The Australian Government has recently released a response to the Productivity Commission Report on Natural Disaster Funding.
This commissioned inquiry is the first comprehensive review of disaster funding arrangements in more than a decade.
While disaster management, including risk management and planning, recovery and mitigation, is primarily a responsibility of state and territory governments, the Australian Government will always have a role in supporting states affected by natural disasters.
But the findings of this independent body have made it clear that change is needed.
Since the Commission’s report was published, the Government has been working with states and territories to develop and test a new disaster recovery funding model which will meet the needs of all jurisdictions.
The new model will provide states with funding to rebuild essential public infrastructure based on an upfront assessment of damage and estimated reconstruction prices, rather than the current reimbursement model.
This will provide states with more autonomy to rebuild in the most effective way including improving the resilience of infrastructure for the long term, while also ensuring better budget certainty through the upfront estimate of costs.
These changes will not alter the level of support the Australian Government provides to jurisdictions. Instead, it aims to strike the right balance between recovery and mitigation by reducing barriers to ‘building back better’ when appropriate.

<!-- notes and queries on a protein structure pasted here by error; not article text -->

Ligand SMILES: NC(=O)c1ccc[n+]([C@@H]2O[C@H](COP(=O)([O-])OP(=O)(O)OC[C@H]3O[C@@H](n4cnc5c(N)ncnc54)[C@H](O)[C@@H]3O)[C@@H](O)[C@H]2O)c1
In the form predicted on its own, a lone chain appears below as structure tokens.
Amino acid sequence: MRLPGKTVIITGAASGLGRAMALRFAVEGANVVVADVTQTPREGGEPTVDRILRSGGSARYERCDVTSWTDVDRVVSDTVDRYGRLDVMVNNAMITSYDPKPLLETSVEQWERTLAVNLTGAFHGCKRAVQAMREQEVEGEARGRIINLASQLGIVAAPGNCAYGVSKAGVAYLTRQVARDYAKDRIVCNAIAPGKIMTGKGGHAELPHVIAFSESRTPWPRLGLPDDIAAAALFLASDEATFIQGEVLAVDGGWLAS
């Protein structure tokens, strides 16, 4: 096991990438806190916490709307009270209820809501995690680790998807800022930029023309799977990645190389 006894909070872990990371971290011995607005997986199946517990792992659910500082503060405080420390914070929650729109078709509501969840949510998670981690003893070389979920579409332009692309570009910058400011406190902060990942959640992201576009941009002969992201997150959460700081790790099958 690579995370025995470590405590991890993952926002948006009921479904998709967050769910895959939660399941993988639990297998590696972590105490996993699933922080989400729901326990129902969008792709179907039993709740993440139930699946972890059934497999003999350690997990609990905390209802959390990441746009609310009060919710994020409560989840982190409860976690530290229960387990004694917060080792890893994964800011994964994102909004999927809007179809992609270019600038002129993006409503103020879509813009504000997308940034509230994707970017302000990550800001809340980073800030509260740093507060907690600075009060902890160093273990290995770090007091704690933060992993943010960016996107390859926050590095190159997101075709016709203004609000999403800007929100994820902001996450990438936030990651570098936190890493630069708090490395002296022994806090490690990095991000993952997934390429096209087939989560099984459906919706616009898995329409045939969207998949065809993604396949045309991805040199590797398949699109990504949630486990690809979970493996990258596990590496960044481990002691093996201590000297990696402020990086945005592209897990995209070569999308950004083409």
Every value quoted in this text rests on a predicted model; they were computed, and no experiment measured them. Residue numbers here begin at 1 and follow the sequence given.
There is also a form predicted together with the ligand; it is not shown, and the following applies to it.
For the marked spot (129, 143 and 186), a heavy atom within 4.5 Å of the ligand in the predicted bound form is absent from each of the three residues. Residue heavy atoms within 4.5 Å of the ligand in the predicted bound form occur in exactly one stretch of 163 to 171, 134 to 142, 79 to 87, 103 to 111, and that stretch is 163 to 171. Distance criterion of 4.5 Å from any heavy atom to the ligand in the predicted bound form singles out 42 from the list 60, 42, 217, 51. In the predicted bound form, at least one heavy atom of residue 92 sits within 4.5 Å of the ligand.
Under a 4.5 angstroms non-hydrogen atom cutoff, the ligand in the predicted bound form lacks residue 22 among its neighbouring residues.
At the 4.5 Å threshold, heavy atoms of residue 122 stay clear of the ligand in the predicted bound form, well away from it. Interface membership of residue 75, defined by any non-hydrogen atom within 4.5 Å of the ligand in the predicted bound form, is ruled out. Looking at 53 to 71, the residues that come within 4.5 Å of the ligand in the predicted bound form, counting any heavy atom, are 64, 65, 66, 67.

As part of this model, the Government is also exploring the option of states using any cost efficiencies on future mitigation activities.
“We will continue to work with states and territories over the next two disaster seasons to further develop and refine the new arrangements. Current disaster funding arrangements will be maintained during this time” said MP Michael Keenan.
“The Government remains committed to providing high-level strategic direction for all governments to boost resilience to natural disasters through our National Strategy for Disaster Resilience. Importantly, this strategy is aligned with many of the report’s recommendations” said Keenan.
Keenan also said that the government has also made significant investments in disaster mitigation, including:
- $52 million over 2 years to extend the National Partnership Agreement on Natural Disaster Resilience (NPA) by two years to 30 June 2017
- $15 million over three years to 2016-17 to implement a National Bushfire Mitigation Program, and
- $14 million annually for a national aerial fire-fighting capability (NAFC).
The Government’s response is available at Australian Government response to the Productivity Commission Inquiry into Natural Disaster Funding Arrangements page.